- About Us
Parents willing to pay for ‘better’ school food
The Mercer Island School District conducted an online survey to find out what Island parents think of the food served to their children at school.
Around 400 Islanders who have one or more children or teenagers enrolled at Island schools took the survey.
Just under half of the respondents had a child in an Island elementary school, one third at Islander Middle School and 20 percent at Mercer Island High School.
Twenty percent of all respondents said that their child did not ever buy a lunch at school while 25 percent said their child ate lunch at school every day. Of the remaining 55 percent, half of those indicated their child had lunch at school at least once a week.
Next, respondents indicated their level of satisfaction with the current lunches offered at their child’s school. Respondents were asked to choose from very dissatisfied, somewhat dissatisfied, somewhat satisfied or very satisfied.
Those who had children who did not eat lunch at school were to choose the ‘not applicable’ response.
By school, the majority of parents who answered indicated they were “somewhat satisfied” with the food offered at schools. Yet, a striking majority of Island Park parents were dissatisfied with the food.
Lakeridge Elementary School parents were split evenly between being dissatisfied or satisfied; West Mercer parents were also evenly split between being either satisfied or dissatisfied.
Islander Middle School parents were generally satisfied with the food offerings, while parents of Mercer Island High School students indicated that they, too, were generally satisfied with the food offered at the school.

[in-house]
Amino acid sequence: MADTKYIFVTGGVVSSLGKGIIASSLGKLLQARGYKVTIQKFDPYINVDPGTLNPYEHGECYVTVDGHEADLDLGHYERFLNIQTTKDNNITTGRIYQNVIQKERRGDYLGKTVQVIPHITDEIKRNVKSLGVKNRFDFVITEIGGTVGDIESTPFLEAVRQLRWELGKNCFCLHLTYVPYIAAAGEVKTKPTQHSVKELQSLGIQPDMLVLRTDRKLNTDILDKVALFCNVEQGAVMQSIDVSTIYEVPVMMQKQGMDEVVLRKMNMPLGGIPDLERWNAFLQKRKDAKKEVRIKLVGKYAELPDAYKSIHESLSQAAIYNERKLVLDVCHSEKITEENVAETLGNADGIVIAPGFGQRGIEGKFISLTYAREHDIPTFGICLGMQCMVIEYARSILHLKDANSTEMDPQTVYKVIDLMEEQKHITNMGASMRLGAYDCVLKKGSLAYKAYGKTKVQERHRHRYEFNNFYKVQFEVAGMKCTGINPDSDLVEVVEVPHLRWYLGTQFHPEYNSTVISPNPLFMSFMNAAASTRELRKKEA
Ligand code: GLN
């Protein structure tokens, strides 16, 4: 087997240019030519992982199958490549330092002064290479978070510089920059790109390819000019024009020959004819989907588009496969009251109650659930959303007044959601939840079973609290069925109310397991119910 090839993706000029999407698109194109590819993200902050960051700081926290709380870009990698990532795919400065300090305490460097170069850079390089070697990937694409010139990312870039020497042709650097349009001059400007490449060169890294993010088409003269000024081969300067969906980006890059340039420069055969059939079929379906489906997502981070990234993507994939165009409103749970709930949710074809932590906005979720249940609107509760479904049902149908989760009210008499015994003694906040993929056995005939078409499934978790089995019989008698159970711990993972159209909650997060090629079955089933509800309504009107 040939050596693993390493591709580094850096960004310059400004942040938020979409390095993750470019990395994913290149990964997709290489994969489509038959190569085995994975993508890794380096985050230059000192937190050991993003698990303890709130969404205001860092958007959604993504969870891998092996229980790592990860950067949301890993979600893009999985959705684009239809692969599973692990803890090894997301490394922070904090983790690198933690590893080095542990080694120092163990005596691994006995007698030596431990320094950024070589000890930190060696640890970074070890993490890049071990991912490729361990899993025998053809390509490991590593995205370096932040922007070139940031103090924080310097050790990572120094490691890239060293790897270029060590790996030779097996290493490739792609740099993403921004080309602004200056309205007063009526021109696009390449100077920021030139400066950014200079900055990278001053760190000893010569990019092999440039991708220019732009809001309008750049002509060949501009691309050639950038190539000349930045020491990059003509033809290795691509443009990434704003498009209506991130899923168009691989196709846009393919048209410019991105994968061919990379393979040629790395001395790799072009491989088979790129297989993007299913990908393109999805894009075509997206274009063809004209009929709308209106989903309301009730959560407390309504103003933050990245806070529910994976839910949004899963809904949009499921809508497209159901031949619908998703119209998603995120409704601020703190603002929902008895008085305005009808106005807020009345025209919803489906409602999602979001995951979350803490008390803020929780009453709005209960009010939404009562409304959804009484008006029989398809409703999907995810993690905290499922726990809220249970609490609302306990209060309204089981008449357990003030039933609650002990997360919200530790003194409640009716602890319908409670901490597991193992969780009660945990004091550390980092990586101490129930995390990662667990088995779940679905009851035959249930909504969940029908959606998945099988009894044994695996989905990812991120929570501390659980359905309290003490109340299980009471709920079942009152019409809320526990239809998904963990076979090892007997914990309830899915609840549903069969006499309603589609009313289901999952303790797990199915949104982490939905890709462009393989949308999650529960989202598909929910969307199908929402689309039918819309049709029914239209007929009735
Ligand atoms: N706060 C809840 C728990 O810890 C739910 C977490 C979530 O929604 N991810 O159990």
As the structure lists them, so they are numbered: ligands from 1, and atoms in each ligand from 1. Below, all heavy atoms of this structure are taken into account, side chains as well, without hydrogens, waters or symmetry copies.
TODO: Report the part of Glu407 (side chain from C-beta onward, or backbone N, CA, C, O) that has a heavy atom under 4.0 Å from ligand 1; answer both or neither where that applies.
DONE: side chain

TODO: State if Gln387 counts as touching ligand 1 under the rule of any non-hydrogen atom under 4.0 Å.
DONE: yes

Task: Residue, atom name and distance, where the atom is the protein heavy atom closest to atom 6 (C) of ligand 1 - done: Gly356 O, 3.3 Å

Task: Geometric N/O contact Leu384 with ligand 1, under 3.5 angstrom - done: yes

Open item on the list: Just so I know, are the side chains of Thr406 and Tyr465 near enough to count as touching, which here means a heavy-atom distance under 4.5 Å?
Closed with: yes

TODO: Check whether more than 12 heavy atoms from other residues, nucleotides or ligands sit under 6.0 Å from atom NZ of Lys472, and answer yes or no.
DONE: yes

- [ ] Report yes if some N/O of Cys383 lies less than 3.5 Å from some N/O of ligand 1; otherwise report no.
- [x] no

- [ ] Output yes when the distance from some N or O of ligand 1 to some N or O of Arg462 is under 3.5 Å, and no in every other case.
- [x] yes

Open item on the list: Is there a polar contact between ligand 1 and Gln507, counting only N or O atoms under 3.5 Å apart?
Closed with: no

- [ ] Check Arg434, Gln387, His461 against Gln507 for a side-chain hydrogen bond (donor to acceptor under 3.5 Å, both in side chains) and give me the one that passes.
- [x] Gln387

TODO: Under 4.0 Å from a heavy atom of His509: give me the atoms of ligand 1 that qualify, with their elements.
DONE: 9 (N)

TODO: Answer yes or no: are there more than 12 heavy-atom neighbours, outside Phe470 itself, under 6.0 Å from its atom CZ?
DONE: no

The survey next asked all parents how they ranked the different factors that measure food quality. Answers in this section indicated an average of 42 percent of all parents across all schools were somewhat dissatisfied with each of the seven factors listed to measure the quality of food at school. Those factors included: the amount of time set to eat lunch; the nutritional value of the menu; the appearance of the food; and the number of food choices.
Nearly 40 percent of respondents indicated that they were very dissatisfied with the amount of time allotted to the lunch period — believing it is too brief.
Beverage choices at all schools were viewed favorably, along with the current cost of lunches.
Eighty-three percent of parents indicated that they are satisfied or very satisfied with the current cost of school lunches. Yet, many of those still saw room for improvement by indicating they would be willing to pay more for food if it were improved. The types of improvement listed included: serving more nutritious food; having it be organic or hormone-free; adding more fresh fruits and vegetables; whole foods and grains or increasing the number of food choices.
Sixty percent said they would be willing to pay an extra $1 or more for the changes. A third of those respondents said they would be willing to pay up to an additional $2 per meal.
To learn more about the survey and to see the questions asked, visit the MISD website at www.misd.k12.wa.us.